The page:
Just a few days ago, the Cambridge team led by Ravindra Gupta announced that they had been able to eliminate HIV virus in a patient that had received a bone marrow transplant from a donor that carried two mutated copies of CCR5 -a mutation that occurs in around 1% of european descent- that confers HIV immunity to the host. The treated patient stopped taking antiretroviral drugs in the past 18 months after the transplant and, quite importantly, represents the second case of succesful HIV-treating transplant in recent years, the first having been reported in 2009. Interestingly, the idea behind a stem cell-based treatment came, for both patients, from the necessity of a bone marrow transplant as a treatment for a blood cancer that did not respond to chemotherapy; however, rather than chosing any compatible donor, Dr. Gupta opted for a patient with a double mutation for CCR5.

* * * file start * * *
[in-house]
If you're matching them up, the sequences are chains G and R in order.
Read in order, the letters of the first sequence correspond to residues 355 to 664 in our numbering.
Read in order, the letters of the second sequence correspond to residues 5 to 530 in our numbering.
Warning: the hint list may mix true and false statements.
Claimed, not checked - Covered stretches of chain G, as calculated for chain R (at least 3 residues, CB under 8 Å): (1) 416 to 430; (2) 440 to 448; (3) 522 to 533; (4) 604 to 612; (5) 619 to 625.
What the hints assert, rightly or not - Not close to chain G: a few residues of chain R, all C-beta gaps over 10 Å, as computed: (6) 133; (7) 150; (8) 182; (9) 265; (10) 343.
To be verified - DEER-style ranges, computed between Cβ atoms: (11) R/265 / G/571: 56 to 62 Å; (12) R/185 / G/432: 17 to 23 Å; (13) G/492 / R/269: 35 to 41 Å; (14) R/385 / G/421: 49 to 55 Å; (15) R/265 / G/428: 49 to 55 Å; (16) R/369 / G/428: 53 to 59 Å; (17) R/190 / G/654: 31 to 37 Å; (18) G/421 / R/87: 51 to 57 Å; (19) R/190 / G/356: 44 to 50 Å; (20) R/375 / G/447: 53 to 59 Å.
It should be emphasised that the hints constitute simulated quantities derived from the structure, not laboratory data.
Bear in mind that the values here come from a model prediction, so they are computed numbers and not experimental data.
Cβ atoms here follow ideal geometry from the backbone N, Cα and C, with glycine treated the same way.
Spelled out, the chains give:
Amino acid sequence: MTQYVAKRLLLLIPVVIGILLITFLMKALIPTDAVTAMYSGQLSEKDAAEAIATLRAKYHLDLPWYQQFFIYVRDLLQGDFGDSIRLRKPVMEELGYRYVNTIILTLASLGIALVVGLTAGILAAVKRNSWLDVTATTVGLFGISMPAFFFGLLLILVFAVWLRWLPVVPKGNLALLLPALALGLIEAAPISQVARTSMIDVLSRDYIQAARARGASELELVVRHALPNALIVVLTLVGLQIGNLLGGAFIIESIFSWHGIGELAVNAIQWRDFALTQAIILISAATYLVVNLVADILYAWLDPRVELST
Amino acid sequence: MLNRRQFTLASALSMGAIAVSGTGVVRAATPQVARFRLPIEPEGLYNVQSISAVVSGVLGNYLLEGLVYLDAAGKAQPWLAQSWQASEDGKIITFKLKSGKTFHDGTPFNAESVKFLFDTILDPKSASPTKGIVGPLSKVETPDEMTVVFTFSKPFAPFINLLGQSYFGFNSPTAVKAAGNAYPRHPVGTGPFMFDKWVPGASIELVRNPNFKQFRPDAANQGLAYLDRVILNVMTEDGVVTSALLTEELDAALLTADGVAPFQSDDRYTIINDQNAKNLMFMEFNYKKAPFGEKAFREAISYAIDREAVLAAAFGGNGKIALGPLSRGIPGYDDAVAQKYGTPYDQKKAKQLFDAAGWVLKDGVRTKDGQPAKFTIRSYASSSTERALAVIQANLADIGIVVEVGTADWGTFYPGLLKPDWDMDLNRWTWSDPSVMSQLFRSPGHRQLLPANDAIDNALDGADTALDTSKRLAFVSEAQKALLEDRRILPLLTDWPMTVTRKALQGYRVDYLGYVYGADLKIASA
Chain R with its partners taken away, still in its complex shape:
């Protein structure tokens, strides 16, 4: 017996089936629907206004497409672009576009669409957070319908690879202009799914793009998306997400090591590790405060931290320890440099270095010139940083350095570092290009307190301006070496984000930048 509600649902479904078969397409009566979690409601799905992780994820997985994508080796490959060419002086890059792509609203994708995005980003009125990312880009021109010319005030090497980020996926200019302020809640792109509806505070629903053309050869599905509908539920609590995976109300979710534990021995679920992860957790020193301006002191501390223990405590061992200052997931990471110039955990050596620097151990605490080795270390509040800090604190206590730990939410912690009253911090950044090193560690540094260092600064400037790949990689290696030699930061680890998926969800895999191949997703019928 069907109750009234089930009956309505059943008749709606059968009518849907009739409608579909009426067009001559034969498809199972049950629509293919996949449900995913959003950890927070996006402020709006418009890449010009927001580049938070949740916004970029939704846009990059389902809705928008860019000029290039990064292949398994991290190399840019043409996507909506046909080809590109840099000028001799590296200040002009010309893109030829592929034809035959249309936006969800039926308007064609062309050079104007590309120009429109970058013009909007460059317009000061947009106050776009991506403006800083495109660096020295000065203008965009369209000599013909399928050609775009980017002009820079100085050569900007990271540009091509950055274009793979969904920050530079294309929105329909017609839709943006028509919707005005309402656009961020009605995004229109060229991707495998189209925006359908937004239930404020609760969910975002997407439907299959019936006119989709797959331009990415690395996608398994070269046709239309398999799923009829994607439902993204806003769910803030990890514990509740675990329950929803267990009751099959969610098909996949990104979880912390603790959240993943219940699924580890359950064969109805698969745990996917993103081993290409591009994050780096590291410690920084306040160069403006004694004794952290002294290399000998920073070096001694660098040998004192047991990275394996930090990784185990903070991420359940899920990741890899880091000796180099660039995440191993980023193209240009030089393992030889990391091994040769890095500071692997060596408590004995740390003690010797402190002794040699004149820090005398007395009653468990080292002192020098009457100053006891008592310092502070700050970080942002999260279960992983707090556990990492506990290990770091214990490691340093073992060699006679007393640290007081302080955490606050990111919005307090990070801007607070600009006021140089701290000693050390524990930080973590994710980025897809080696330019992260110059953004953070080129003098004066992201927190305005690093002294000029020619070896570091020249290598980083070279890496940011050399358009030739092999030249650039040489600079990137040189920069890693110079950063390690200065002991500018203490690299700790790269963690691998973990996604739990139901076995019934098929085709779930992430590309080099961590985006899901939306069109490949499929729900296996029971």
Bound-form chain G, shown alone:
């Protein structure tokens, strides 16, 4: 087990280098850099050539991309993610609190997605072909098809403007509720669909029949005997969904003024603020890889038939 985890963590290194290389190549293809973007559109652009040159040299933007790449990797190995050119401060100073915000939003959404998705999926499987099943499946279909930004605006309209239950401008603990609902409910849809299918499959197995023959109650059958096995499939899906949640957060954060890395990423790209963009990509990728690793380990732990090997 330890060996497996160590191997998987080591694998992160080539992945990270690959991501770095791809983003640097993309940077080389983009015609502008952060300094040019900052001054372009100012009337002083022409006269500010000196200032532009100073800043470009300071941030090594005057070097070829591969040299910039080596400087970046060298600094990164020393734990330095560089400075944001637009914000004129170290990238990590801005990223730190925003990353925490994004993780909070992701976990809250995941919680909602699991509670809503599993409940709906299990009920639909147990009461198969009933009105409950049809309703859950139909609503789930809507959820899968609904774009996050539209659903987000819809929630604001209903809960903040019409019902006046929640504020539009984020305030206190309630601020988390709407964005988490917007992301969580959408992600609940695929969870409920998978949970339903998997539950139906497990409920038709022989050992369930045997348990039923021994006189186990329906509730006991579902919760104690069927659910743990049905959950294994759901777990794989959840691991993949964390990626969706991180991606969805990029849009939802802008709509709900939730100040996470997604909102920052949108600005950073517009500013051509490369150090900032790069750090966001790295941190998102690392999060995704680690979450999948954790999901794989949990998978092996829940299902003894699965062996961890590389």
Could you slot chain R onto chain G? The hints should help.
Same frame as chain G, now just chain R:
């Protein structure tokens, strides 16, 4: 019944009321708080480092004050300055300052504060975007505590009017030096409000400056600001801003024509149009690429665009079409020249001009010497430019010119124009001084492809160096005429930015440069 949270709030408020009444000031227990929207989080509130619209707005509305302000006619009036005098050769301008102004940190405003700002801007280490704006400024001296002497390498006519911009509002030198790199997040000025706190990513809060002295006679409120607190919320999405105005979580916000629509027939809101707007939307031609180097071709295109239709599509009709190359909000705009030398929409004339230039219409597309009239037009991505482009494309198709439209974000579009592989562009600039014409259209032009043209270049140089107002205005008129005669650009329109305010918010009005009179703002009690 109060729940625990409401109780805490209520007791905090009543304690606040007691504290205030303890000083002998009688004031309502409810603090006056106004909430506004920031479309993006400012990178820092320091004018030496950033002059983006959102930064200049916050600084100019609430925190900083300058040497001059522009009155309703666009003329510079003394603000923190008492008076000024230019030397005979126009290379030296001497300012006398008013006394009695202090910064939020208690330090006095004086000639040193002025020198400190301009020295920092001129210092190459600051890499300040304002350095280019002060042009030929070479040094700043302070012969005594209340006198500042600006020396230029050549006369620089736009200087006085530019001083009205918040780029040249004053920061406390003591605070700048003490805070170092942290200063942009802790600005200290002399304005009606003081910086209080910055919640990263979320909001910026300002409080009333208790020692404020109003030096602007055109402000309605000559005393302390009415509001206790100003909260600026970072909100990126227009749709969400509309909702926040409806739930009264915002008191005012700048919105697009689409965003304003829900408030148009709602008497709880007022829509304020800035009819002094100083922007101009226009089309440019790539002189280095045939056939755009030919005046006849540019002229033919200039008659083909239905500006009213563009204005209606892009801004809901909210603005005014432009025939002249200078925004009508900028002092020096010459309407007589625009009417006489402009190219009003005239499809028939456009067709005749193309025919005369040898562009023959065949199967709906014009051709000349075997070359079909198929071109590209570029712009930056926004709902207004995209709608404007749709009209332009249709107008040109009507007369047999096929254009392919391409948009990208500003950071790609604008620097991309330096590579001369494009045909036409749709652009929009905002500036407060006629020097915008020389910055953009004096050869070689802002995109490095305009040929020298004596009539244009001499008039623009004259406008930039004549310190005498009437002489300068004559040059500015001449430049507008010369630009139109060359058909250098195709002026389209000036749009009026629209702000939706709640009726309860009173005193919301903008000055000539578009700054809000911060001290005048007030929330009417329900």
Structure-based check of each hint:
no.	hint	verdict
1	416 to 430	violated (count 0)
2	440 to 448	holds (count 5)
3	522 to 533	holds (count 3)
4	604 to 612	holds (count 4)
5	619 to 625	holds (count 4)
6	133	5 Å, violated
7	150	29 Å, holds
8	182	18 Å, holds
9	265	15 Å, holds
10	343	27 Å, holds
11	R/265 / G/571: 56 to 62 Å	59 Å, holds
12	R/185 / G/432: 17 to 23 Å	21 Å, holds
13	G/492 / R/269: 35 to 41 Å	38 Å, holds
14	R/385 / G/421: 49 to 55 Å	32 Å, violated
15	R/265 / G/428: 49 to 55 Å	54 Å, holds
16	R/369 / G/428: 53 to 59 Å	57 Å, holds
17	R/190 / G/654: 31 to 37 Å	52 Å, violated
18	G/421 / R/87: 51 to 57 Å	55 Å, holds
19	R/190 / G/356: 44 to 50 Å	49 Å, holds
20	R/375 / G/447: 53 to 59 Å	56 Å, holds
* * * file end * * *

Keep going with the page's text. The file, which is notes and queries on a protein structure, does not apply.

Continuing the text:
Even though all results point to a very promising perspective, at least in terms of the patient quality of life (after all, treatment of the first patient is still demonstrating its efficacy ten years later), there is still no way to formally talk about a cure -says Dr Gupta- until the absence of virus in the patient's blood will be demonstrated for longer time. Furthermore, this last transplant was achieved with a less aggressive cancer-treating regimen in respect with the one of 2009, suggesting that powerful chemotherapy might not be necessary for its efficacy. On the other hand, some have pointed out that this kind of treatment might not be suitable for people who don't have blood cancer, as bone marrow transplant is a rather serious procedure that would not be advisable for all HIV patients, especially for those with a good clinical phenotype.